We all want to develop digital learners, right? Over the last twenty years, the explosion in online content and the ability to quickly find the answers to key questions has been nothing short of revolutionary. As teachers, we seek to prepare our students to make the most of these advances. But what is the best way to do this?
On answer is to ditch elements of the traditional curriculum. If you can look up facts quickly then why commit them to memory? Instead, we should ensure that students gain plenty of experience of using digital resources so that they develop the skills of digital literacy. Some have even argued that we should change the way we assess students and perhaps allow them to access the internet or to collaborate in exams. Yet this ideas may be misconceived.
1. Grow those crystals
A new piece of research sheds some light on the issue. In a set of two studies, a group of researchers from Germany examined how successful different people were at finding information from the internet – a measure of digital literacy. For instance, participants were given a list of symptoms and asked to identify the disease. However, the researchers also measured a number of other characteristics of the participants. So they were able to see how well these other things correlated to digital literacy. This kind of research cannot definitively identify whether one thing causes another but the findings are consistent with a large body of work on reading comprehension.
Two of the attributes that they measured were fluid and crystallised intelligence. Participants who had higher levels of these kinds of intelligence scored better on digital literacy. Unfortunately, fluid intelligence is essentially raw processing power and it turns out that there’s not much that we can do to improve this, despite the claims made by advocates of brain training.
On the other hand, there is loads that we can do to increase crystallised intelligence and teachers are well-placed to do this. Crystallised intelligence is simply knowledge of the world. In the study, the researchers used a test of crystallised intelligence that asked participants general knowledge questions such as, “What is the definition of gross national product (GNP)?” There were 28 science questions and 36 from across the humanities and social studies.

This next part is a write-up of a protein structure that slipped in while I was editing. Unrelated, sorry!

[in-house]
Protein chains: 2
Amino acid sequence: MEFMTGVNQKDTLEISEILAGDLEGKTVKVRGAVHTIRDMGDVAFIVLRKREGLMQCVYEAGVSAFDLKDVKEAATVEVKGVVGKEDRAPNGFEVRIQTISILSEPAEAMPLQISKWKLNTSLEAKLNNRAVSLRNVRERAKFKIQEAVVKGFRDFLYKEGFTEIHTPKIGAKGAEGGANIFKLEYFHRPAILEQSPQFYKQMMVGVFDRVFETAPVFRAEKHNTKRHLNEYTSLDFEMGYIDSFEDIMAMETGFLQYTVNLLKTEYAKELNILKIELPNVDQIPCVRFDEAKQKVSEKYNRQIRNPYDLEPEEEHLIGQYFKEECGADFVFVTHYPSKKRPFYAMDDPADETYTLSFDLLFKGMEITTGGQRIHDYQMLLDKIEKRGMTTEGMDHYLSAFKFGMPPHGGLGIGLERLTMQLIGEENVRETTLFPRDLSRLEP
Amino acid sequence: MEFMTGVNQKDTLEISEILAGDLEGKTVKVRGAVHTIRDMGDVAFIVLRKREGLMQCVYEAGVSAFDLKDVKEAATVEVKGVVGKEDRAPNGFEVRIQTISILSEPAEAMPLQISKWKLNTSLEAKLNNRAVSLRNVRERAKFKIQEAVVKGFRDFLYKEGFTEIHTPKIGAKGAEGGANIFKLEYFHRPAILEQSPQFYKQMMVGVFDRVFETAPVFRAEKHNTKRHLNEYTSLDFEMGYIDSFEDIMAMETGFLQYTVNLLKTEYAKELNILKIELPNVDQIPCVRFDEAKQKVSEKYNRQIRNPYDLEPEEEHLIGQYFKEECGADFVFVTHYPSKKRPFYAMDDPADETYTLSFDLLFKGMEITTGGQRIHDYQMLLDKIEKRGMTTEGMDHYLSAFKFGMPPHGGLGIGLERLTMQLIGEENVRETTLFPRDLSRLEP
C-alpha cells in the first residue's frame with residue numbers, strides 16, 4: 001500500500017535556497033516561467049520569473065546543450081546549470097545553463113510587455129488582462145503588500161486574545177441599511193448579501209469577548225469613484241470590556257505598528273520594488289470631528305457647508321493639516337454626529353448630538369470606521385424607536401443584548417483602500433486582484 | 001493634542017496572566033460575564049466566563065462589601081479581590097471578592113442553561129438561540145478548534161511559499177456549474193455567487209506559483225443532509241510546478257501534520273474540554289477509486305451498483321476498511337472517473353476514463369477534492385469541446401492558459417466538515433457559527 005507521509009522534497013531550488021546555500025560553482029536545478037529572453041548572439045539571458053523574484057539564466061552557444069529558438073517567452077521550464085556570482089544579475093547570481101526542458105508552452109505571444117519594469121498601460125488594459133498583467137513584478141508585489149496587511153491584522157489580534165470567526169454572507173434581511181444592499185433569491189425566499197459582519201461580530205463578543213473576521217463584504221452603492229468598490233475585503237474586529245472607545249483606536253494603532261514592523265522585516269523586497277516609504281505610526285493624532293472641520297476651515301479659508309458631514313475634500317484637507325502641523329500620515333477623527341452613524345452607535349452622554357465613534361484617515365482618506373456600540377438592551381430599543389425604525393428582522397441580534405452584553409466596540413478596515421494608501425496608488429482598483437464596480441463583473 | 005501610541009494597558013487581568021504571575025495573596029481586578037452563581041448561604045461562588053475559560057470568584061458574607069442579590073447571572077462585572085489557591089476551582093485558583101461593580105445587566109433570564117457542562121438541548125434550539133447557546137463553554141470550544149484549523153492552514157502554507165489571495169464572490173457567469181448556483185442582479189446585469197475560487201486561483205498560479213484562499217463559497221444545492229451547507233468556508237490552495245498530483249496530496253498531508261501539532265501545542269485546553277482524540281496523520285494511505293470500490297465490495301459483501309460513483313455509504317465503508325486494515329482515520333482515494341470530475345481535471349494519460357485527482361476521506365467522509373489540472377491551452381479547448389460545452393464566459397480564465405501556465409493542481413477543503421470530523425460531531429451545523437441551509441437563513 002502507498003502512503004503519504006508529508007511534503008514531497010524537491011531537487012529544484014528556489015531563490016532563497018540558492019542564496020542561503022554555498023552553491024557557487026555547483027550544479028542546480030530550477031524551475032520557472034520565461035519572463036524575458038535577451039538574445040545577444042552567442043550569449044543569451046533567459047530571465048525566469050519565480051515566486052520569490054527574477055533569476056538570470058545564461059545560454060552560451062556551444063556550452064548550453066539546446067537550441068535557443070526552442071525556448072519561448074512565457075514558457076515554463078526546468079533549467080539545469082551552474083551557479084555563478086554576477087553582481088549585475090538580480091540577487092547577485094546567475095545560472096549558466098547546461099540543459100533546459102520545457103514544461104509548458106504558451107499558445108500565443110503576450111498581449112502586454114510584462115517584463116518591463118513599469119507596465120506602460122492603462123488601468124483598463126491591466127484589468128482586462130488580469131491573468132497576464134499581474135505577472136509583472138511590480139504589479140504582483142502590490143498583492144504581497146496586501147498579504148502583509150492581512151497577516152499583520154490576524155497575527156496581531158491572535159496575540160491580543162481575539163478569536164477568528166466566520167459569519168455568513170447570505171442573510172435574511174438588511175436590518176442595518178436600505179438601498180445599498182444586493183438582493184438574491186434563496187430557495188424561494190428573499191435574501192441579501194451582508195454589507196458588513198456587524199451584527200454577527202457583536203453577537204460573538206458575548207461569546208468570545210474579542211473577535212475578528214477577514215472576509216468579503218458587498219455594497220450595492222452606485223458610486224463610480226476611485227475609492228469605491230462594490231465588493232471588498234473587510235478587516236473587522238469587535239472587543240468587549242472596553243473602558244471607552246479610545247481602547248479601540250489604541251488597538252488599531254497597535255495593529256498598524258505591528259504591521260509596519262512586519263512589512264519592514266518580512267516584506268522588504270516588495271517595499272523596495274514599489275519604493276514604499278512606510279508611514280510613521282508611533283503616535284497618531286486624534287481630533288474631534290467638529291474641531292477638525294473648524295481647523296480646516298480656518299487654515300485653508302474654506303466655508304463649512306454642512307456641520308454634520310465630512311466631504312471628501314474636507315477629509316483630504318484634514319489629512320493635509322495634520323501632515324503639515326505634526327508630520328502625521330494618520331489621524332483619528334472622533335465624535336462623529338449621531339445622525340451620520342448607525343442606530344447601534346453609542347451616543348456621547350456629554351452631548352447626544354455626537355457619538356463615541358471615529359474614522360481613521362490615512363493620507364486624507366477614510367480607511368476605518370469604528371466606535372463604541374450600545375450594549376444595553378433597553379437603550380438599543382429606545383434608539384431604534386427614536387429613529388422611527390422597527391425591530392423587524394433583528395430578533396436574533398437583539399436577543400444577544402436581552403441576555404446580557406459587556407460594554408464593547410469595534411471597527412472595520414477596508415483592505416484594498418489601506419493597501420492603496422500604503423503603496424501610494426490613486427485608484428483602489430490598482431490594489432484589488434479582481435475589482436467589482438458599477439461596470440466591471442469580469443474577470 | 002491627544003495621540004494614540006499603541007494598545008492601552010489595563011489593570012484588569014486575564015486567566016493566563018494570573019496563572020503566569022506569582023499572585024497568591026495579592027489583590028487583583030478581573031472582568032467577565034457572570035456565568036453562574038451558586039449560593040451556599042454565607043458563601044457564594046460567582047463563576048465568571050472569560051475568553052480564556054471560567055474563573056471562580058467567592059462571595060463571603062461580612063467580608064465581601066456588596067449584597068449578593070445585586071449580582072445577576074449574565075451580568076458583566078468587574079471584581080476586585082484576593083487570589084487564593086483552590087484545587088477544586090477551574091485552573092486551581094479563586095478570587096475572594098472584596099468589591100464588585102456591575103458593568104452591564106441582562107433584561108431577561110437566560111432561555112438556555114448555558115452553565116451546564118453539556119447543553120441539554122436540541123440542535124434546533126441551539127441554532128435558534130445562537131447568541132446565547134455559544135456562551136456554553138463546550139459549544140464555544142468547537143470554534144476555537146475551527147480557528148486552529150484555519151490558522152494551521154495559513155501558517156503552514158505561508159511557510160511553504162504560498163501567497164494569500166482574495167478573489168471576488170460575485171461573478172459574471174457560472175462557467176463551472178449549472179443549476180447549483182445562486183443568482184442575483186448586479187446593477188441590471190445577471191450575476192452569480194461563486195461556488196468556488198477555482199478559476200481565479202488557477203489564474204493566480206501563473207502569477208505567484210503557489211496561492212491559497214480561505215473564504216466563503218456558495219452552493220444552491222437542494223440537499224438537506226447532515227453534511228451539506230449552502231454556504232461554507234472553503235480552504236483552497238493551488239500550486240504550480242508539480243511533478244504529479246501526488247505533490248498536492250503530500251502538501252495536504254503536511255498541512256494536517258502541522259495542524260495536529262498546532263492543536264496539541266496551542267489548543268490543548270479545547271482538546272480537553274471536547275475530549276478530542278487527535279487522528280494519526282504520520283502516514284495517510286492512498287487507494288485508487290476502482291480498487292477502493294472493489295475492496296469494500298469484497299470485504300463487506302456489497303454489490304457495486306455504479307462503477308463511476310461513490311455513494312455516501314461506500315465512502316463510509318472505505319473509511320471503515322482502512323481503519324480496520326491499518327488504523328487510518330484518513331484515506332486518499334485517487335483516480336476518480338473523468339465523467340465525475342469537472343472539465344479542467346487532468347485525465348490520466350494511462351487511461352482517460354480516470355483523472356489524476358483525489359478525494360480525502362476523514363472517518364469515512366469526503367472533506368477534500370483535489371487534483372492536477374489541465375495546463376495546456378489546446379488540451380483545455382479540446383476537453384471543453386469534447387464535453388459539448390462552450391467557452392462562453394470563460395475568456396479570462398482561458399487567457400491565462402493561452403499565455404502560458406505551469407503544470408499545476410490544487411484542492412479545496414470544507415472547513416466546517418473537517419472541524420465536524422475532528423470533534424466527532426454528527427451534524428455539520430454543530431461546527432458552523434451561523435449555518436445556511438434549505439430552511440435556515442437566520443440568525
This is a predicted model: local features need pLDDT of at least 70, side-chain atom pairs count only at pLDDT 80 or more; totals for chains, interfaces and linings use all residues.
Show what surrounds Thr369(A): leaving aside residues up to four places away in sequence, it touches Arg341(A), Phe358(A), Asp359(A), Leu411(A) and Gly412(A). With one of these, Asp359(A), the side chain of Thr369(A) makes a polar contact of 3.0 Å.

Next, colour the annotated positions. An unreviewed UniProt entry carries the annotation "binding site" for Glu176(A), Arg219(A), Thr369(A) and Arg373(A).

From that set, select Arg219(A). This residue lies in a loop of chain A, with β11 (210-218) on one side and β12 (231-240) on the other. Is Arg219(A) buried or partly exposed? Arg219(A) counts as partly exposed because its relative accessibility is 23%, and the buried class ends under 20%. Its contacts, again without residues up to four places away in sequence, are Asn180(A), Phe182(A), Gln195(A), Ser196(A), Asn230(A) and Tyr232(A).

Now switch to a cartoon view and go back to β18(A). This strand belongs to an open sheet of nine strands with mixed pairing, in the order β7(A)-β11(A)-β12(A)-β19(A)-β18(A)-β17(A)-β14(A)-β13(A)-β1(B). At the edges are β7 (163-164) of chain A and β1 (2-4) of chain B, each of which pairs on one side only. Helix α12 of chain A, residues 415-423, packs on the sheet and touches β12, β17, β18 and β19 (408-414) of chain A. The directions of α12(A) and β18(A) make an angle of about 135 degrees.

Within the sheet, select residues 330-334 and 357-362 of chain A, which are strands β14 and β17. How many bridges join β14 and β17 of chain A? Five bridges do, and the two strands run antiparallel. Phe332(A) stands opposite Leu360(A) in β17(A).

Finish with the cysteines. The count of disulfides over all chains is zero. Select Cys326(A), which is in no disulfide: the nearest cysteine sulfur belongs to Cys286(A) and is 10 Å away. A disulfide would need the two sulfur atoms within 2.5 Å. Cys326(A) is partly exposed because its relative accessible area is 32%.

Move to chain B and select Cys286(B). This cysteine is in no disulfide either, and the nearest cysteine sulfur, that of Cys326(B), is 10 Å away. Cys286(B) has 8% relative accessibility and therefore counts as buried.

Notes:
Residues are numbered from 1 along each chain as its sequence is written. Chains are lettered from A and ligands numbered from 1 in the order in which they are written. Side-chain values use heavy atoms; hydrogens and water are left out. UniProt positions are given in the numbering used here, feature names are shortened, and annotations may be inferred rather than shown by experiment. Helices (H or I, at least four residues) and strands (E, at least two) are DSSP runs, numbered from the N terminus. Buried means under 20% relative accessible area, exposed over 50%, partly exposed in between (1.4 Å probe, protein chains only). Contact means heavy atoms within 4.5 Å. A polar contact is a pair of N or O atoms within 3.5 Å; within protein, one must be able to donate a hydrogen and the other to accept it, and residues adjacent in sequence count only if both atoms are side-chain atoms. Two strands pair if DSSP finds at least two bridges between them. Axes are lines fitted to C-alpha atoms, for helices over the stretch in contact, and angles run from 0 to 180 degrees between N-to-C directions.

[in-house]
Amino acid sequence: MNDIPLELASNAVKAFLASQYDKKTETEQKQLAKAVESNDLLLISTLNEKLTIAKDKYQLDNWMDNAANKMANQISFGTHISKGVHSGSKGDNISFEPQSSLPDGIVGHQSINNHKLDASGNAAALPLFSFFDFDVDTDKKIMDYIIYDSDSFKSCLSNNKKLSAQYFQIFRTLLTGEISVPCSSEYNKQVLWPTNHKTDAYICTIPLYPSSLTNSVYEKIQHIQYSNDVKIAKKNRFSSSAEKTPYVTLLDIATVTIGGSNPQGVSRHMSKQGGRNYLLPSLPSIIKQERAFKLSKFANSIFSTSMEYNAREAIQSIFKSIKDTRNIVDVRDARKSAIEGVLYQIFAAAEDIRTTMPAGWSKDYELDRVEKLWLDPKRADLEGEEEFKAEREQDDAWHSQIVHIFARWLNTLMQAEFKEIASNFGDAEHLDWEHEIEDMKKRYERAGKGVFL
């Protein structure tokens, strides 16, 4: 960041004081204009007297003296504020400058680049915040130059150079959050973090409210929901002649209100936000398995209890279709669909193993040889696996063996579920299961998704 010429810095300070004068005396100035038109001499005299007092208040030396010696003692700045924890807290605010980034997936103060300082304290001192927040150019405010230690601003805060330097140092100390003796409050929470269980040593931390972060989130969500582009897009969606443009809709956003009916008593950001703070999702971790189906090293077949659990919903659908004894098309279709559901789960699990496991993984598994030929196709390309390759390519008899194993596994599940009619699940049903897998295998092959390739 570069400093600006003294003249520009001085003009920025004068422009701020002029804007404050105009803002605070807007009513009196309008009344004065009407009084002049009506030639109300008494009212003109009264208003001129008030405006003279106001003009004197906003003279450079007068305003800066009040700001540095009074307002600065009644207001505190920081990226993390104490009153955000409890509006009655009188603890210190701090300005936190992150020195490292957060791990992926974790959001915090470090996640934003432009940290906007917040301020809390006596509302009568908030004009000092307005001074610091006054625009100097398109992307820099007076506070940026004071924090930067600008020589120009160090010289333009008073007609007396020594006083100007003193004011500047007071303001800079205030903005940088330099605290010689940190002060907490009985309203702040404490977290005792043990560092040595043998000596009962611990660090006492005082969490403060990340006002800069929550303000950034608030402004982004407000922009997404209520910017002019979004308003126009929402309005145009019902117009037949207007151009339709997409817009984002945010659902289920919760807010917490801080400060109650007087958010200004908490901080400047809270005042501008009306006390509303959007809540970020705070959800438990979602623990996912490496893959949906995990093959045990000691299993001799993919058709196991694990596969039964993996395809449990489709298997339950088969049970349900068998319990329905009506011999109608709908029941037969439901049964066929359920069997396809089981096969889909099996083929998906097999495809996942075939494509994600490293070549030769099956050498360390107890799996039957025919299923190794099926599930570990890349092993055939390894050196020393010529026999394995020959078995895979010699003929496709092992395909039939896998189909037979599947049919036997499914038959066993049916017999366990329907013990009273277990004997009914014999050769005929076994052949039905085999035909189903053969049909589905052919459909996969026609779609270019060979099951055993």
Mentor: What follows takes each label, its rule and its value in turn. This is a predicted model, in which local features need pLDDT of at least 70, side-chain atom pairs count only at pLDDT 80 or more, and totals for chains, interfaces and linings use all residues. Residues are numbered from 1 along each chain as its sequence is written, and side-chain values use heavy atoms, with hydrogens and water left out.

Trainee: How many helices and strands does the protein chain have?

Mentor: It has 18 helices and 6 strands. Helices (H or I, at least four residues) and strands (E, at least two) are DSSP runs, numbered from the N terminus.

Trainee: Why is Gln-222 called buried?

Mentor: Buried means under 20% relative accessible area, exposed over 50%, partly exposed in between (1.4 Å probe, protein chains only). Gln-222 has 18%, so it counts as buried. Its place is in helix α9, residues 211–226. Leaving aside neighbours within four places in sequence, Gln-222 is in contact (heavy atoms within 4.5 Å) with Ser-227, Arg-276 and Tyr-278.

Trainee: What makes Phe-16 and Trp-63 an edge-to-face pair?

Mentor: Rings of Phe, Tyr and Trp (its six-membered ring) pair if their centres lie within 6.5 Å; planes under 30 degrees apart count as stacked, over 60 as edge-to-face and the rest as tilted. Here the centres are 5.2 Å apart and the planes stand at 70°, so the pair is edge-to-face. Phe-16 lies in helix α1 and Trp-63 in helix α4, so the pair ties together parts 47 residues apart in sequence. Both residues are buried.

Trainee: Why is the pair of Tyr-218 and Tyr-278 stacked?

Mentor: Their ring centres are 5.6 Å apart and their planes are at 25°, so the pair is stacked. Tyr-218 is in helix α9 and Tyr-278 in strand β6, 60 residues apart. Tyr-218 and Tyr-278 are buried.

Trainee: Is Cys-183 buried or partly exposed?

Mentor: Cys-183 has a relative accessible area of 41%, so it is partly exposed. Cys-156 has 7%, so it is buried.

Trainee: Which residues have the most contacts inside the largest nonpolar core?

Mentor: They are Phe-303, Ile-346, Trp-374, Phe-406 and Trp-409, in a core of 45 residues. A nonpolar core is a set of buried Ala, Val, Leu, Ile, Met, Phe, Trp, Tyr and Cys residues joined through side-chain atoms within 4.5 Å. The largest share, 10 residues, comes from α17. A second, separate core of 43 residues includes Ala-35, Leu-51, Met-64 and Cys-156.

Given that this is a correlation, we need a plausible theory for why crystallised intelligence might help with digital literacy, otherwise they might both be caused by something else such as fluid intelligence. Again, we can return to research on reading comprehension. Greater world knowledge enables greater reading comprehension because it allows us to make mental models and understand vocabulary. In other words, crystallised intelligence enables us to make sense of what we find when we search the web and helps us relate it to what we already know.
2. Become a domain expert
The researchers also found that students who did best on the test of digital literacy were the ones who knew most about health sciences, the knowledge area from which the digital literacy test questions were taken. Again, this makes sense in terms of students being able to understand and interpret results of searches.
This has a clear implication for teachers. If we want to make use of internet research within a school context then we should ensure that students have plenty of relevant knowledge before they begin. For instance, a science research task on renewable energy resources should be preceded by teaching the students a lot of content knowledge on renewable resources. It might also be worth assessing that students have reached a level of mastery with this content before moving on to the research task, perhaps through a quick quiz. Students are then likely to find the research richer and more rewarding.
3. No need to panic about exposing kids to tech
The researchers also made another interesting finding. The amount of everyday computer use by the participants did not relate to performance on the digital literacy test.
We might expect that in order to do well on the internet search task, participants would need to practice this skill and so those who had a greater level of computer usage would perform better. There is a clear directive in many states, districts and schools that requires the embedding of technology into lessons in order to adequately prepare students for the future. Yet this study seems to suggest that knowledge is far more important and that the additional skills required to successfully use computers are relatively trivial in comparison, at least for tasks such as internet-based research.
There is no need to strip our classrooms of technology but we can probably all relax a little more about it and use it only when and if we think it supports our learning goals. By building knowledge, even if we are using just a paper and pen, we can rest assured that we are growing our students’ digital literacy.
There is an excellent American Educator article that explores this issue and that is just as relevant today as it was when it was published in 2000.